The most loving smiles that I received on this day, though, were from a pair of women who arrived together, one wearing a full burqa and the other also elaborately covered, both of whom soon lifted their veils to reveal their gentle faces. Papa Saeed explained to them that I was his American daughter, but he might as well have said that I was their own daughter, from the warmth of the hugs and greetings that they both gave me. And there was something especially poignant to me about this warmth coming from women who wear burqas. Burqas are not uncommon in Pakistan, but I have had very few interactions with their wearers--most Pakistani women I have spent time with wear a simple dupatta as a hijab, or else none at all. But the few times I have spoken with burqa-clad women, after they have lifted that front panel and revealed their smiling faces, I have been particularly struck by their kind spirits. Now, probably they were no more kind than the other women I met in many other situations, who on the whole can also be characterized by beautiful smiles and welcoming spirits. More likely it is simply a remnant of a Western fear of the burqa, which is an understandable if unjustified fear, simply because it is a marker of mystery -- we feel uncomfortable if a face is concealed from us; we feel that this person must be unapproachable. And when the face beneath is revealed as being full of love and grace--it is a memorable thing. I will always remember the grace of these two women, who kindly allowed me to take their portrait.
When another bundle of EKG-slips materialized on Papa’s desk, I asked if I could go see their source.
“OF COURSE SWEETIE,” said Papa, who then summoned the assistant, who, in turn, motioned for me to follow him. There connected to the waiting room was another, even smaller and sparer room, where a young girl in green embroidery was lying on a table. Standing beside her was a man who was clearly a relation. “Tawhanjee ddee aahey?” I asked him in my very halting Sindhi. (“Is she your daughter?”) He shook his head and told me in his own hesitant English that the girl was his niece.
As the assistant started positioning nodes for the EKG reading, I asked the uncle in some combination of Sindhi and English if it would be okay for me to take pictures. The girl seemed a bit timid, but also curious, and they both indicated that they didn’t mind.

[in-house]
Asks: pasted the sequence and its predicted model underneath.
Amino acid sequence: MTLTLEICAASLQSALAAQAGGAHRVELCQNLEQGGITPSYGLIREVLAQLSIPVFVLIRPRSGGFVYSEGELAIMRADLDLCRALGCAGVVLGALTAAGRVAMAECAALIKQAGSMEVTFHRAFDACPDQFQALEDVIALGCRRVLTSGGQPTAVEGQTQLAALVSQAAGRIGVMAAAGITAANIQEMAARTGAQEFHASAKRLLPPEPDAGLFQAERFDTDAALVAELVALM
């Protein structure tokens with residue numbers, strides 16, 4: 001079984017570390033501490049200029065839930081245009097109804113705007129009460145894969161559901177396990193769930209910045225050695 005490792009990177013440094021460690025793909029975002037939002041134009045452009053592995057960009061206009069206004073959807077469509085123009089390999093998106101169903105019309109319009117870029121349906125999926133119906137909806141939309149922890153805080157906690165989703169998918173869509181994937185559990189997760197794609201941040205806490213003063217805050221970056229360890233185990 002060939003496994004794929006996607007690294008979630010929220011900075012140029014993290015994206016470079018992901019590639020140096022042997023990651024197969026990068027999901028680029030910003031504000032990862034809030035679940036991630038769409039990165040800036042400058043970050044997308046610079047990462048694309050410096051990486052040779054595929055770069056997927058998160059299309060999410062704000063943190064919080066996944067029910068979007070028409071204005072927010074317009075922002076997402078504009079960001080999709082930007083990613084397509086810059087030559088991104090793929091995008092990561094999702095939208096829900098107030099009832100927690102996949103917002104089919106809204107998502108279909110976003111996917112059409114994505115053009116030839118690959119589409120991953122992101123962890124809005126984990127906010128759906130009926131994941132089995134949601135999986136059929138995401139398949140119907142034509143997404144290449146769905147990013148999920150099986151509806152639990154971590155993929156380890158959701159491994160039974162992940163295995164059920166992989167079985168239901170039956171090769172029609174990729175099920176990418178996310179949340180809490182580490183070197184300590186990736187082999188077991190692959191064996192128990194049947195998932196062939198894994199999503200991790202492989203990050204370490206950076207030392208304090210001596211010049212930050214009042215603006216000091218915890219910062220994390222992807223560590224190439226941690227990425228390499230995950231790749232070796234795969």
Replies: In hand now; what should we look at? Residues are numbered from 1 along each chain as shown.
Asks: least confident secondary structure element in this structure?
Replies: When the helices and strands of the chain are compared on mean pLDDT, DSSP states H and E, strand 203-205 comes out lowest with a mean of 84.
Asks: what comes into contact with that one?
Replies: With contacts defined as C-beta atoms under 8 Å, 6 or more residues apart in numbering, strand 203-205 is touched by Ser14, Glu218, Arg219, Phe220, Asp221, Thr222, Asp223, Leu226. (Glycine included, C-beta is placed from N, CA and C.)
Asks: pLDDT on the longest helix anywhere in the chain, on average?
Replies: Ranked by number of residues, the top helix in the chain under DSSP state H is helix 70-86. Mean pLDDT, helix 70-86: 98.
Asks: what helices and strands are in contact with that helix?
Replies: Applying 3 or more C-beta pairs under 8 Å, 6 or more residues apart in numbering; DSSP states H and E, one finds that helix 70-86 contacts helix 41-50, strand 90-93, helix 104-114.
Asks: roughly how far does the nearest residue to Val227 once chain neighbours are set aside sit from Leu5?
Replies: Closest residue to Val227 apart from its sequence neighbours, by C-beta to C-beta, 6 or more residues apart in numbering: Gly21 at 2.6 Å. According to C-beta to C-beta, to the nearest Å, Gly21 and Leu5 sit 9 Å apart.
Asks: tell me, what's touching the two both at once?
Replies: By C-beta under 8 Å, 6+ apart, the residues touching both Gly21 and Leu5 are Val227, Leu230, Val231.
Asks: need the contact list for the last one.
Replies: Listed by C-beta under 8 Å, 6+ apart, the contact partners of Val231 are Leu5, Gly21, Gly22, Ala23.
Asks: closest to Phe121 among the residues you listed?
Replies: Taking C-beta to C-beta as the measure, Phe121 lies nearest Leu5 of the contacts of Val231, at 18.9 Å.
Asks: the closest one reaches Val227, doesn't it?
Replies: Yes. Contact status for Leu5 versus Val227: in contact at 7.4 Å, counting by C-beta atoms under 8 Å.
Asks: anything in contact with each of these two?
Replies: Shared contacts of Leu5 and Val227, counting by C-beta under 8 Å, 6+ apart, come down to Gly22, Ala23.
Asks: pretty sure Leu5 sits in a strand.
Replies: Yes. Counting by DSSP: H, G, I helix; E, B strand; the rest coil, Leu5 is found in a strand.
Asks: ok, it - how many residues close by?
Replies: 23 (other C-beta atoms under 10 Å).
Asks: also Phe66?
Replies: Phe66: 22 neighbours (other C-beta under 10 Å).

Back in the inner office, I learned that this girl is named Tasveera, age 10, and she has been a patient of Papa’s for most of her life. She suffers from a congenital condition that causes an enlarged heart, and as her heart continues to grow in size, it shrinks in function. She seems a typically healthy girl from the outside--normal in build, bubbly and energetic. “With careful treatment, we have been able to keep her symptom-free, for now,” said Papa.
Tasveera sat on the table and was instructed to “Saah khann.” Then Papa asked her to lie back and rest her head on the pillow.
“You see, SWEET EM!” he said, beckoning for me to come closer. “This is how large her heart is.” With a pointed finger hovering an inch above Tasveera’s chest, he traced an outline of a shape that was at least the size of a typical lung.
“If you promise not to cry,” said Papa Saeed, in a soft tone that I have rarely otherwise heard from his voice, “if you promise just to smile, then I’ll tell you what her heart function is.”
“Her heart is currently functioning at 20 percent,” he told me.
I nodded again, hiding any reaction while Tasveera sat up and then bounced off of the examining table and sat down in the chair in front of the desk. Watching this lovely, smiling girl, it was impossible not to be bruised by the irony of her suffering, caused by too big a heart.
The next patient was even younger -- a baby in fact, a cute little fellow with a hat on his round head, sitting on his mother’s lap. I asked with trepidation, “Is he all right?”
Papa was already engaged in jubilant interaction with this little fellow and didn’t hear me at first. So I said again, “Will he be okay?”
“OH YES EM!” he replied. “This one is in good shape. See here? Doesn’t he look happy? See, I can make any baby smile. See?” And Papa proceeded to make a number of whimsical sounds in the baby’s general direction, and then offered the little guy a cookie from the plate.
Soon after this, I was once again ferried away in a car and delivered safely back home. Papa Saeed carried on for some hours longer, as he does each day, with smiles and laughter, treating the ailing hearts of Larkana.
heart clinic: photo gallery.
The same images as above (which you can see here at higher resolution), plus some extras.
Image at top left is a digital
portrait by Pakistani artist
Imran Zaib, based on one of my own photographic self-portraits in Thari dress.